In policy shift, Nicaragua grants peasants ownership of land
Nicaragua's Sandinista government is accelerating a sweeping land reform program initiated earlier this year. The government announced an agrarian reform law in January that marks a dramatic departure from the Sandinistas' earlier efforts in 1981 to push collective farming on a largely reluctant peasantry.
The government is distributing individual parcels of land to thousands of landless peasants in the conflictive northern and central Nicaraguan highlands. According to government officials and independent economists, Nicaragua has distributed four times more individual land titles to peasants since mid-1985 than during the entire previous four years combined.
This move toward individual parcels represents a major shift away from the Sandinistas' earlier, more radical policies, which largely emphasized the creation of various types of collective agriculture units. Analysts say the shift is due to the low productivity of the collective units and the need to rally political support among peasants, who have long wanted their own land.
With an escalation of the rebel war on the horizon, the Sandinistas need to shore up support among the discontented peasants living in the war-torn countryside. Land distribution has been heaviest in Nicaragua's central and border areas most subject to Nicaraguan contra rebel attacks, and where rebels have formed their strongest social base among isolated peasants in the past few years.
The Sandinistas are also faced with the problem of the thousands of people displaced by the war. Many have gone to cities that cannot support them or to overcrowded relocation camps.
The move toward individual land ownership has been paralleled by a similar shift in pricing over the past year away from the socialist-oriented, state-controlled pricing system for domestic consumption of basic grains.
As a stimulus to producers, the state has lifted price controls on produce, such as corn and beans, thus backing away somewhat from an initial policy that favored providing cheap grain for urban workers. Basic food prices were kept low in the cities by government subsidies to farmers. But the subsidies resulted in intense black market activity by farmers and, in some cases, in a fall in food production.
The new land distribution and pricing policies reflect a re-thinking by the Sandinistas of their earlier efforts to move Nicaraguan society toward socialism. The changes implicitly recognize that Nicaraguans, by and large, appear to be motivated more by individual incentives than by appeals to the collective good.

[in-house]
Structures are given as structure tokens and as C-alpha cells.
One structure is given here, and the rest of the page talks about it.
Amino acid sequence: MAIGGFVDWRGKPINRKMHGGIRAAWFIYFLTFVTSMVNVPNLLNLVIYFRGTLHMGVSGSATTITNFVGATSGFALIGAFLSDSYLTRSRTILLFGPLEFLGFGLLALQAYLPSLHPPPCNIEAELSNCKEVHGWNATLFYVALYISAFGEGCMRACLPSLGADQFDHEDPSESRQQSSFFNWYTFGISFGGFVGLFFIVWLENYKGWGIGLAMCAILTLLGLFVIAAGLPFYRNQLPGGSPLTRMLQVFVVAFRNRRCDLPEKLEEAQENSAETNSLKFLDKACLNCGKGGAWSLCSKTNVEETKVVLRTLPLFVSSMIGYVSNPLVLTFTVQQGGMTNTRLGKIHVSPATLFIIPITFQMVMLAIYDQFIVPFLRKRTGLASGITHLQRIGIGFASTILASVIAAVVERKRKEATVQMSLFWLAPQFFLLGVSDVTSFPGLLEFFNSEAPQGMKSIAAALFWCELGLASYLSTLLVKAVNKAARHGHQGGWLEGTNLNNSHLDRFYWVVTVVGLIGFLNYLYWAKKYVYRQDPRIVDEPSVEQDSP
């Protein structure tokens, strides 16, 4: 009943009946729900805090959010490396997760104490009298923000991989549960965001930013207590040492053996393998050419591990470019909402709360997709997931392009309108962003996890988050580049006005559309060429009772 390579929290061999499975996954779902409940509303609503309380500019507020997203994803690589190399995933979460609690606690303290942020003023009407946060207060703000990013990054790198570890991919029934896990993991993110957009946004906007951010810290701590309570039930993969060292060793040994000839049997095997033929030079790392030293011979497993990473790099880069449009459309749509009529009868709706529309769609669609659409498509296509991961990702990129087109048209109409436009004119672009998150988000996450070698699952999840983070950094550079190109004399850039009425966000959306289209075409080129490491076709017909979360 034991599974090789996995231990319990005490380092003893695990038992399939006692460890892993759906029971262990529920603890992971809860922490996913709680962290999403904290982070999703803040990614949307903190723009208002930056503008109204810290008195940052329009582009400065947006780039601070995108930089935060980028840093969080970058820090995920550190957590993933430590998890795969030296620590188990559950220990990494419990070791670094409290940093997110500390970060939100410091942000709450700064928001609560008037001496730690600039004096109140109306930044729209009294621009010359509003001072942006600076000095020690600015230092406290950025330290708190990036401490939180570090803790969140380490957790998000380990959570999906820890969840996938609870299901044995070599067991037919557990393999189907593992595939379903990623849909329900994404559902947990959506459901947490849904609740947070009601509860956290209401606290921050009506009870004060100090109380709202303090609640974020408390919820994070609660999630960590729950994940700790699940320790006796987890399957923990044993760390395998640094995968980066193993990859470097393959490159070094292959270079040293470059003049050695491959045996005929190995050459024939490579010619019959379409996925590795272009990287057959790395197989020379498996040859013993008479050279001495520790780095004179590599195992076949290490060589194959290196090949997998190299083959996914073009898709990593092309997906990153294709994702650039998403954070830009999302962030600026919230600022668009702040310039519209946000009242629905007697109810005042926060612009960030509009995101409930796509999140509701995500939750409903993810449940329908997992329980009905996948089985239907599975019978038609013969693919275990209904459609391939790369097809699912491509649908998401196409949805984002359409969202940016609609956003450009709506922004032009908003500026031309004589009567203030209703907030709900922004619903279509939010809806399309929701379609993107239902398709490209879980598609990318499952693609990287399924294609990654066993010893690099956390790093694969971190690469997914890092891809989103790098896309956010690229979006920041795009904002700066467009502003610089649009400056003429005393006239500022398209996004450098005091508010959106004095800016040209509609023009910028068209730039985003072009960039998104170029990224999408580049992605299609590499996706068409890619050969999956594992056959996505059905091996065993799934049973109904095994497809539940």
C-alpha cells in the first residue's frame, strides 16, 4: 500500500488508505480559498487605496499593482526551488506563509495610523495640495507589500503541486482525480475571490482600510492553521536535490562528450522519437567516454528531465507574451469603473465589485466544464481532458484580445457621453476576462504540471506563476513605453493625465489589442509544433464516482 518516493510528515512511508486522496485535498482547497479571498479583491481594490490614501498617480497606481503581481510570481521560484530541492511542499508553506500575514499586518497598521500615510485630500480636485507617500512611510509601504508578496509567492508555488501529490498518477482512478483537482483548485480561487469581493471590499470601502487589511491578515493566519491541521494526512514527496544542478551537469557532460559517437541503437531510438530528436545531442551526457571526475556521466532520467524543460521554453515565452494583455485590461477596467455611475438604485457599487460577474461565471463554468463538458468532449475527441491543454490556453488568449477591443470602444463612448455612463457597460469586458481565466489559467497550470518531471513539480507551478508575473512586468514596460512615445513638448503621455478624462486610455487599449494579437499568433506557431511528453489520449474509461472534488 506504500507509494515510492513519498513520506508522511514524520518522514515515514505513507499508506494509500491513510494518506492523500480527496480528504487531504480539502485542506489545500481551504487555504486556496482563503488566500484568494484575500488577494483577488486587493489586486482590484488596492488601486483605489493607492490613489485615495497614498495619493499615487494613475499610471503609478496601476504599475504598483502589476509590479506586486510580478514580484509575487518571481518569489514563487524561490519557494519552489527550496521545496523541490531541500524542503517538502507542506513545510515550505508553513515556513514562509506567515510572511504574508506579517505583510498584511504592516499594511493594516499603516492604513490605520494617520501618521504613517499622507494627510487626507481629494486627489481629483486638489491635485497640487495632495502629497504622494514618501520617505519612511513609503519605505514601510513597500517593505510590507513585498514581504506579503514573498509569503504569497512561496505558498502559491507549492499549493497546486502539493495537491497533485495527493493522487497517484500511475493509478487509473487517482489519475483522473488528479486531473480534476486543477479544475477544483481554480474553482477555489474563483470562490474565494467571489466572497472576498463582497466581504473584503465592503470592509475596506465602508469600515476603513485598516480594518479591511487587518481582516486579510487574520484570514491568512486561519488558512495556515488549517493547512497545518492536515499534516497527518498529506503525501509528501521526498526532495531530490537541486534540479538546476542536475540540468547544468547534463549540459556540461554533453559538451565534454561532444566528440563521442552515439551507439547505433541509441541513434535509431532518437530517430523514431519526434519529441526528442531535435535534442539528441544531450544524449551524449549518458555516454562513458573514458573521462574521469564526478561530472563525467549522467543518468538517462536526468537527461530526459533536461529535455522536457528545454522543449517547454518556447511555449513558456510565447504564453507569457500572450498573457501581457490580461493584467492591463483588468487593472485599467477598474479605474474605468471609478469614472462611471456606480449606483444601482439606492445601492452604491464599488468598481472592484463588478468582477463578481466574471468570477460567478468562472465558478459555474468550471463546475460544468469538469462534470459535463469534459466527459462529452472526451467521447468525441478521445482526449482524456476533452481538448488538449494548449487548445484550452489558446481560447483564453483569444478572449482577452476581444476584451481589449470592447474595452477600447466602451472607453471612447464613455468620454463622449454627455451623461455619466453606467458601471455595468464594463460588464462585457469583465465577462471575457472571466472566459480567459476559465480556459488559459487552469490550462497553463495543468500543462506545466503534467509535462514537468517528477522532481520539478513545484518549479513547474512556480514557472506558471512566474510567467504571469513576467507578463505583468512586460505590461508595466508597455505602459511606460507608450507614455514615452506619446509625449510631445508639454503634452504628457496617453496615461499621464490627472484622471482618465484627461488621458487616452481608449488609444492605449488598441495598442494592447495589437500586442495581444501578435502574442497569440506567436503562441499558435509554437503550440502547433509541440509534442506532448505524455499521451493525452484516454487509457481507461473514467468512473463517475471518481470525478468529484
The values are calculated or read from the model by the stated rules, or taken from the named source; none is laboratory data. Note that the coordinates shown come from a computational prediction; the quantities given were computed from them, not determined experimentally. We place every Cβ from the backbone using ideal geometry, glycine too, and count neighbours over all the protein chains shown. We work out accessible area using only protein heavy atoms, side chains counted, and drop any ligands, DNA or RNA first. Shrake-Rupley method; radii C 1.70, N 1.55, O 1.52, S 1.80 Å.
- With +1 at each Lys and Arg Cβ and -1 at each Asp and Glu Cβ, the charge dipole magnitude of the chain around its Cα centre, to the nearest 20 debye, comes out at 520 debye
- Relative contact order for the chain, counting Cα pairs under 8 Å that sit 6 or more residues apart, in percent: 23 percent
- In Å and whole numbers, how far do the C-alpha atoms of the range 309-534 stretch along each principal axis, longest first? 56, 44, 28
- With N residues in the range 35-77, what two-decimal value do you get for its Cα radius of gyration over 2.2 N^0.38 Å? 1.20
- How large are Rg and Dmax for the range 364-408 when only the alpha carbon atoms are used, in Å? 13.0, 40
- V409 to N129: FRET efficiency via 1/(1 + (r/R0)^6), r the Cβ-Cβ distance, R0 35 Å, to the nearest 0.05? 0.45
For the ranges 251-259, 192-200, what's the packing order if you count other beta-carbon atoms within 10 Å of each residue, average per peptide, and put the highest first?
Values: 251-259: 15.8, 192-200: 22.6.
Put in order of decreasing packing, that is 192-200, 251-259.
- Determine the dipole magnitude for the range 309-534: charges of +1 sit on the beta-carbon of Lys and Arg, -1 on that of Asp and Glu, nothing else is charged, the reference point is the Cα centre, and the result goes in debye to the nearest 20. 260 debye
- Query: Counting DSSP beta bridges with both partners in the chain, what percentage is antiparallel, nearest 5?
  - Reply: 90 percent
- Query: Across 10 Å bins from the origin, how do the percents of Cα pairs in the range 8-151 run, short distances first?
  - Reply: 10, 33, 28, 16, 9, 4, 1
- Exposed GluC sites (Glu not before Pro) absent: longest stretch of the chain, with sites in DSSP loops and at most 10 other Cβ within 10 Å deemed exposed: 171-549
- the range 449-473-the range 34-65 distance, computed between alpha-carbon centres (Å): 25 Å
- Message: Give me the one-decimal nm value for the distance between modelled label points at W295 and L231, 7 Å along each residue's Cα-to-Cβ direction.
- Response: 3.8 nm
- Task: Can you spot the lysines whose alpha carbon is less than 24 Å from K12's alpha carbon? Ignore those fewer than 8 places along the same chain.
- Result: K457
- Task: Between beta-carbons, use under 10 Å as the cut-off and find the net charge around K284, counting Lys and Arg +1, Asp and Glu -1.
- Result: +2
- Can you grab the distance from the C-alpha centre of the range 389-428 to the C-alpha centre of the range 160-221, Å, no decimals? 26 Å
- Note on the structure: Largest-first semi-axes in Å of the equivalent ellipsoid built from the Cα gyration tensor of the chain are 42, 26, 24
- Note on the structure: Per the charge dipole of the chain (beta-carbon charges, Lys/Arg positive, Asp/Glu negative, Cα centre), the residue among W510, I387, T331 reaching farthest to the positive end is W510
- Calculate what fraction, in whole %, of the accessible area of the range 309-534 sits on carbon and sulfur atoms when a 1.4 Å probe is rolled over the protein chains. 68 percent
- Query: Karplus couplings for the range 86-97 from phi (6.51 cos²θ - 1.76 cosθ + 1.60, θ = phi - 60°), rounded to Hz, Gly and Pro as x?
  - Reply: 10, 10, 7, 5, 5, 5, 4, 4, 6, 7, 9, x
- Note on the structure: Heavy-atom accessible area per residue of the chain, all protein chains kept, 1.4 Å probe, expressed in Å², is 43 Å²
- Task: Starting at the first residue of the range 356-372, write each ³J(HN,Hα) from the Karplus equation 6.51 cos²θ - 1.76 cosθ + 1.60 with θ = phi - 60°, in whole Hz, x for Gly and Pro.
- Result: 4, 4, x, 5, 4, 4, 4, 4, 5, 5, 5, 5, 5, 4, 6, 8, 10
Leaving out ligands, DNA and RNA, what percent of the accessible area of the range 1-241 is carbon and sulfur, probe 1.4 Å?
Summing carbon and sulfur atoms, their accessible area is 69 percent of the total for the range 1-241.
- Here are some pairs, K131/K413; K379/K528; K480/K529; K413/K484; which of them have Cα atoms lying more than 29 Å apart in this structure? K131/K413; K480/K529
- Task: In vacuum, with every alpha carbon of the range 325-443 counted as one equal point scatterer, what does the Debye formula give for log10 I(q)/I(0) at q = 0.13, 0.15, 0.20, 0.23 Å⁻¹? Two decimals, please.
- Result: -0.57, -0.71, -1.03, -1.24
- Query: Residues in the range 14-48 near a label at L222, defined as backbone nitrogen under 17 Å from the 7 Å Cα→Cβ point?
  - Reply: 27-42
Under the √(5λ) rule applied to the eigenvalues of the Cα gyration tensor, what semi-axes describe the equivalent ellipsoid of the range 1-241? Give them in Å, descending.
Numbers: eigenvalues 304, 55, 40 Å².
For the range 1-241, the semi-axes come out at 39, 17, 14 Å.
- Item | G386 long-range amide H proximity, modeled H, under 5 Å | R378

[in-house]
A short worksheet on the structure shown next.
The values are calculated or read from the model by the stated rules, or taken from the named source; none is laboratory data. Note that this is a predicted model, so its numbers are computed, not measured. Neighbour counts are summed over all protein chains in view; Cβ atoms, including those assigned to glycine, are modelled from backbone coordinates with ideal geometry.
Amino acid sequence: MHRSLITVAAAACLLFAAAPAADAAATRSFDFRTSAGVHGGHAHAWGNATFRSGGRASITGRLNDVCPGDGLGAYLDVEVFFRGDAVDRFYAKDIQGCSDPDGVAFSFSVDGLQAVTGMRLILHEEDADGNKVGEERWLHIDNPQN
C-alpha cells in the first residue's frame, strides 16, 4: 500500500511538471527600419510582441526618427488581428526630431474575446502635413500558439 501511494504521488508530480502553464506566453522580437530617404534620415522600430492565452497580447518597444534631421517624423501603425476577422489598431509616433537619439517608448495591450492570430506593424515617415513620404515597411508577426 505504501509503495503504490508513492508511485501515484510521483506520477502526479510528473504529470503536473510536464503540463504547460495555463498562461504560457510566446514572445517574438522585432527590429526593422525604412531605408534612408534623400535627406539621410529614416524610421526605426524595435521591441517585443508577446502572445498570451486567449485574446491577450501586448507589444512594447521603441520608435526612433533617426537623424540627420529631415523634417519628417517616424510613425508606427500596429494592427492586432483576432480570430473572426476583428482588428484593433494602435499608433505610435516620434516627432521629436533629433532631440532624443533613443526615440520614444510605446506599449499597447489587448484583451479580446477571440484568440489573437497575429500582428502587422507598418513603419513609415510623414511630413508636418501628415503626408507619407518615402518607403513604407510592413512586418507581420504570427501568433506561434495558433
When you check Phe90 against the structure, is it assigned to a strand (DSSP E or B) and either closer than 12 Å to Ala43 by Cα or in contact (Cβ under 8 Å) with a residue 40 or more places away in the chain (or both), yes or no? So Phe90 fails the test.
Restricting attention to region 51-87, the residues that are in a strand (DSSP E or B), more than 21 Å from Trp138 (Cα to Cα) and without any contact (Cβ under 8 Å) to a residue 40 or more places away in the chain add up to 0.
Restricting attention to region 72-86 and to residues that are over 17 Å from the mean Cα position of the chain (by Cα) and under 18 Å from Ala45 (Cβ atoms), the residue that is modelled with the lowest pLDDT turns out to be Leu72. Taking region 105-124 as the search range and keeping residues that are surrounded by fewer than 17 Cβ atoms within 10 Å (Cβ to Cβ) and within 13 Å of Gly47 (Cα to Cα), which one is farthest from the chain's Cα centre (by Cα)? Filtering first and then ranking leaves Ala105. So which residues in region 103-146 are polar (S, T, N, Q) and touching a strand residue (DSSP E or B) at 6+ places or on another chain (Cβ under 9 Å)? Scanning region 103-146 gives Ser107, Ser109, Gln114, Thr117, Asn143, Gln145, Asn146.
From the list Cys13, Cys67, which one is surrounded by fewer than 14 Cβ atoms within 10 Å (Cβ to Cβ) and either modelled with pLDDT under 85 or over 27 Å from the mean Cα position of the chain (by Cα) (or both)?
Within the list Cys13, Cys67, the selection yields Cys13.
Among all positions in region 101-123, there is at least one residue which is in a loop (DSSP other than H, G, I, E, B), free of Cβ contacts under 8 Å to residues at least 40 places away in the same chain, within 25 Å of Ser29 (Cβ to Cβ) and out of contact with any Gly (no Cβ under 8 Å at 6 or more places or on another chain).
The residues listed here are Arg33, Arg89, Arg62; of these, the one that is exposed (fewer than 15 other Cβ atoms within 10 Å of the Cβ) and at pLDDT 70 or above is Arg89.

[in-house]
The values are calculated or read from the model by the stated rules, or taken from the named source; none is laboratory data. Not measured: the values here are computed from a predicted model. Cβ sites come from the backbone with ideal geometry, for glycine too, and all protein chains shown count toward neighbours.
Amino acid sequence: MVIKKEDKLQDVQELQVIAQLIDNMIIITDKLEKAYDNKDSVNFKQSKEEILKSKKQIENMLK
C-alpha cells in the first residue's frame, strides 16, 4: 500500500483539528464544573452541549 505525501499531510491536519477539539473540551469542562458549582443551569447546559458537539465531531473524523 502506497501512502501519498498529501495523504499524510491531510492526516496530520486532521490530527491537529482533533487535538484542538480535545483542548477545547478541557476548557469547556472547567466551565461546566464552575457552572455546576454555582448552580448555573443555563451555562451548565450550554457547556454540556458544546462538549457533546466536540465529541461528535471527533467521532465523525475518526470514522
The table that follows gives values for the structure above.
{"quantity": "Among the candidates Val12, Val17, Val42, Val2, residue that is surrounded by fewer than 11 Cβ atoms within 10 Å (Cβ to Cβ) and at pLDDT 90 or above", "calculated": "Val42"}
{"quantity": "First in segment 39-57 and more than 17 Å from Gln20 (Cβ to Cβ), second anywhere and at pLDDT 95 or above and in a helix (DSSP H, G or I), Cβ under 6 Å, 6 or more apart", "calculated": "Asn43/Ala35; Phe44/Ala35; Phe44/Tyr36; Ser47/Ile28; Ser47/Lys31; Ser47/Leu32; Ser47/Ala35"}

At the same time, this year's agrarian reform law expands the government's authority to confiscate land from large landholders and reflects an increase of economic pressure on the upper classes.
The new law allows the government to take over any farm larger than 85 acres that it judges ``abandoned, idle, or underworked.'' Previously, the government only expropriated farms or ranches larger than 850 acres. The law also allows seizure of farms where the owners are not presently working the land or where they have rented the land to others. The former owners are reimbursed at a price decided by the government.
About half of the land comes from state properties expropriated from former dictator Anastasio Somoza Debayle, who was overthrown in 1979. Other lands have been taken from larger private farms either because the land is needed for the public good or because the owner is ``unfriendly'' with the revolution.
Sandinista officials say they favor collective agricultural production in their efforts to build a ``new society'' of selfless, community-oriented citizens. But they now criticize their previous policies of 1981, which left many large private farms intact and mostly awarded government-held land of Somoza and his followers to peasants who agreed to collectivize.
``We made a mistake in not awarding individual titles before,'' said Orlando Nunez, investigator for a government-financed think tank on agrarian policy. But for people like Mr. Nunez the present decision is not a complete victory. He has been one of a small group of agriculture experts who, since 1979, have been pressing for a more creative solution to land reform. They have wanted new forms of land tenure, which would preserve the incentive of private ownership to produce but combine with it the economic advantages of large-scale common production.
But these plans have never been implemented because they did not receive political support from either the peasants, anxious for their own land, or Sandinista Marxist ideologues, who wanted collective farming.
The new program, which emphasizes the production of basic grains, coincides with government efforts to assure a minimal level of subsistence for the Nicaraguan population in the face of the increased hardships anticipated with the escalation of the rebel war.
Foreign experts say Nicaragua's large export crops that earn foreign currency will suffer to some degree as a result of the new land policy, because peasants will tend to cultivate basic grains rather than sugar or cotton.
Besides undercutting the rebels' support in the countryside, the program is, says an agrarian reform official, aimed at guaranteeing broad rural resistance to a possible US invasion. Along with land titles, the government is handing out rifles.
Political parties to the left of the Sandinistas decry what they call the creation of a new ``petty bourgeois class'' in the countryside. But the Sandinistas say that their program will eventually lead individual growers to seek collective solutions to their problems.
``We believe the peasants will want to move toward cooperatives,'' said Lucas Castro, a local official of the National Farmers and Cattlemen's Union. ``The work will be individual, but the peasants will have to organize and unite to obtain service and credit.''